In May 2022 Defra announced that farmers in England will receive an advance of 50% of the Basic Payment Scheme (BPS) payment for 2022.
The move is to help farms across England who are facing a surge in their costs for fertiliser and energy such as gas and electricity. The BPS cash advance is to help ease the pressure off short-term cashflow and help alleviate stress to farmers.
It is key to take into consideration the fact that there will be a reduced payment in December. Often this receipt is used to reduce the level of creditors or level of overdraft so planning how the early payment will be used is key.
BPS Grant Advance
However, it’s great news that farmers in England are to benefit from a 50% advance of this year’s Basic Payment Scheme (BPS) support, as Defra moves to help ease cashflow for farm businesses struggling with high input costs.
The first payment will be made in July 2022, with the balancing payment in December – and the change will become a permanent feature, as England transitions to the new system of farm support, with the BPS phased out through to 2027. So, as mentioned, it’s important to take the fact that there will be a reduced payment in December into consideration.
Defra secretary George Eustice acknowledged that the turbulence on international markets and the shock to input costs was causing anxiety for many farmers.
So to help restore confidence, Mr Eustice said he had decided to bring forward half of this year’s BPS payment as an advance cash injection – and to make this a permanent change.
The NFU welcomed the policy shift, saying it showed Defra and the RPA (Rural Payment Agency) that they appreciated the seriousness of the current situation for farmers in England. The RPA pay out over £2 billion each year to support a thriving farming and food sector. RPA is an executive agency, sponsored by the Department for Environment
“With farmers facing extreme inflationary pressure and businesses being squeezed more than ever, any advance payment of BPS claims for this year is positive and will help cashflow,” said NFU vice-president David Exwood.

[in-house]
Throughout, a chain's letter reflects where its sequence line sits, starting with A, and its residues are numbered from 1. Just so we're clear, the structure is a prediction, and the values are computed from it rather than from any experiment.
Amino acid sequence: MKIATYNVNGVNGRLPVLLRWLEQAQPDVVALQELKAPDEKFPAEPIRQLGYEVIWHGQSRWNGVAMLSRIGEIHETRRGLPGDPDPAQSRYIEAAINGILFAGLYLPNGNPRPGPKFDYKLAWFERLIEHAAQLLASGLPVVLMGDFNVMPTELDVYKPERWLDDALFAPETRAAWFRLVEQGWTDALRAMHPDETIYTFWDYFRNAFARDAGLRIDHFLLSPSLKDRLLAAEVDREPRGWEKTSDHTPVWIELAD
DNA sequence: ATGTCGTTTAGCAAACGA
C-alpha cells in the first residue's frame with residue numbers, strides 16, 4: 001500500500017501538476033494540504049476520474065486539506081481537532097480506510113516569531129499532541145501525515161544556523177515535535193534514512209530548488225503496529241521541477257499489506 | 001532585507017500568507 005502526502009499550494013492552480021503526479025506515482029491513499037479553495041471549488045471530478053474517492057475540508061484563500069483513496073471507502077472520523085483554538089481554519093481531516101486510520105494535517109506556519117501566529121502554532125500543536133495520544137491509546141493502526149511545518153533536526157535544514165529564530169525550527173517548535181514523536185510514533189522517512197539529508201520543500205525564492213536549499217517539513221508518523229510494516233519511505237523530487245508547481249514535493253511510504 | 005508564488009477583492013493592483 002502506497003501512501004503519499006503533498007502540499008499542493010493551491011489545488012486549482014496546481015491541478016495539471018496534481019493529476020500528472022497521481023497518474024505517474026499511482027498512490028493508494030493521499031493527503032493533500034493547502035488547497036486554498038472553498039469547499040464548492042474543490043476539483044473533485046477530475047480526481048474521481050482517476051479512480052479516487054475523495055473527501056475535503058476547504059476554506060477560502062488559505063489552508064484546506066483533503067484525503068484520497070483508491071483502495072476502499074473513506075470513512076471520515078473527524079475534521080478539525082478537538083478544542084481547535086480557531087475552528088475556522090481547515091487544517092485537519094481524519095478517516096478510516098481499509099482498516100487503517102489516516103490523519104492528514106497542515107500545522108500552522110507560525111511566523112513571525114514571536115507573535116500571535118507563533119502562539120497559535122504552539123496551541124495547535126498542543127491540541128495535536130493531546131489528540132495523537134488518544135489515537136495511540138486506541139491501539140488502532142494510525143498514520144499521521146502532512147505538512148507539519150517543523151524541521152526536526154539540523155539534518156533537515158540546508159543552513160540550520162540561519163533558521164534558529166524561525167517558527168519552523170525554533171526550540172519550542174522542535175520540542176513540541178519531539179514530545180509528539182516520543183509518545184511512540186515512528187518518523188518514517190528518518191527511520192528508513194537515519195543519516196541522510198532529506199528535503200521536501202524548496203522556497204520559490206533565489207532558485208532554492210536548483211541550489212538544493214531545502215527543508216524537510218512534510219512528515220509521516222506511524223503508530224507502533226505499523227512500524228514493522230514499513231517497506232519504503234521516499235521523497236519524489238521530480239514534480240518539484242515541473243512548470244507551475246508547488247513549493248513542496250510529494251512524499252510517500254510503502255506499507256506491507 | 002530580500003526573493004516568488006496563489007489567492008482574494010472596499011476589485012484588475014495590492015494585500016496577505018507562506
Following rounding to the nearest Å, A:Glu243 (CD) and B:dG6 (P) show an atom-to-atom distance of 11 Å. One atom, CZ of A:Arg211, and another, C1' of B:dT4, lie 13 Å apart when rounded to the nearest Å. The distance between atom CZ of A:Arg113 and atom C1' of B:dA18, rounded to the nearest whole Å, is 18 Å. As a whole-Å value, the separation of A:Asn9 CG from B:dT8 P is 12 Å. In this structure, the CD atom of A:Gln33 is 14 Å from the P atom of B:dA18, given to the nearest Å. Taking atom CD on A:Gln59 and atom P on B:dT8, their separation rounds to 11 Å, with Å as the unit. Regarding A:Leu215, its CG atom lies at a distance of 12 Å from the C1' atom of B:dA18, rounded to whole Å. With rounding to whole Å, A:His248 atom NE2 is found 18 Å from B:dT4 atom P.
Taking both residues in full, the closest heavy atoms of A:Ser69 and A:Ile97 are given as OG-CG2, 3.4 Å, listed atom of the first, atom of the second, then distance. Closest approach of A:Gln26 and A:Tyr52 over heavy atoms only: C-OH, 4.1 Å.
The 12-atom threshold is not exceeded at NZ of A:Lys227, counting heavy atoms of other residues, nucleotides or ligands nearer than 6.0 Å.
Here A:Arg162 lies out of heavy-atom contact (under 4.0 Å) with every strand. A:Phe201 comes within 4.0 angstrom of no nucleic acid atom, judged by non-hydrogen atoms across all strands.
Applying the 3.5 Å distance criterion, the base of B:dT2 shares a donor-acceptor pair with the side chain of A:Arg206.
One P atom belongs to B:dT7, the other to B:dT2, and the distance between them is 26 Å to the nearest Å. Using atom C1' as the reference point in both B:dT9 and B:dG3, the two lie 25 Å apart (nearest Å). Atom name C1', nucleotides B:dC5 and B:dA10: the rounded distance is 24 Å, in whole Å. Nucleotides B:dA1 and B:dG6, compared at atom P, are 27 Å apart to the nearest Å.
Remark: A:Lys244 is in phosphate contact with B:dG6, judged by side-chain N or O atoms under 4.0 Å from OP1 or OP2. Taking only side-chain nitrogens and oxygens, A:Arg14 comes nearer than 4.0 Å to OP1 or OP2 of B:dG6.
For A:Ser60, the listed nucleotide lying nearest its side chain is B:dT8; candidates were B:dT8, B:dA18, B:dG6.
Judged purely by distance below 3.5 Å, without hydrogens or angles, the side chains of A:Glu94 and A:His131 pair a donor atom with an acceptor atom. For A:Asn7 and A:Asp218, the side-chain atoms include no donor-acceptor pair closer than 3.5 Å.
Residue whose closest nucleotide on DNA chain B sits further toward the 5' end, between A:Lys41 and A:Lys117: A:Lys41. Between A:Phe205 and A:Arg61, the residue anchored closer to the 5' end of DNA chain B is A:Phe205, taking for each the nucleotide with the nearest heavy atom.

“However, if there are to be two payment windows, it is as important the RPA continues its strong delivery performance and ensures farmers receive their payments as early as possible on both occasions.”
- BPS claimants in England are facing a minimum payment cut of 20% this year, following the 5% cut in 2021 for the first £30,000 of taxpayer support.
- Steeper reductions will be applied to BPS receipts above certain thresholds – up to 40% from payments over £150,000 this year.
- The greatest challenge for arable farmers, however, will come in 2023, when high variable and fixed costs will really hit.
Farm business consultants
Farm business consultants estimate that a typical arable unit could be looking at a farming loss of £7/ha next year, meaning any profit will be entirely dependent on the diminished BPS cheque.
A matter of cashflow and confidence, says George Eustice
“While farmgate prices have generally been strong since we left the EU and have continued to rise in the current context, the increases in input costs means farmers are carrying an increased risk on their profit and loss account, and increased pressure on cashflow in the short term. In general, wheat growers this year are likely to see a good return for their winter wheat crop, but some will be concerned about sowing the autumn crop. What happens if they commit to high input costs only to see wheat prices recede?"
“In a turbulent market, some of these questions will only be resolved in time. The millers will not commit to a high price too early in case prices fall back, but farmers will only commit to drill next year’s crop once they have confidence they will recover their costs and make a margin.
While increasing farmgate prices may mean that farm profitability remains stable, the government recognises the short-term pressures on cashflow. That is why we have decided to bring forward half of this year’s BPS payment as an advance injection of cash to farm businesses from the end of July."
“We also intend to make this a permanent change to the way we pay BPS in future, with twice-yearly instalments going forward. In the days of the EU this would never have been possible due to the way audits worked and the need to enforce the three-crop rule during the summer.
The convoluted audit processes of the EU frequently caused payments to be late. Now we are free to make them early – in a way that better meets the interests of our farmers. This change won’t affect farm profitability, but it will be a welcome boost to cashflow for many farm businesses during testing times.”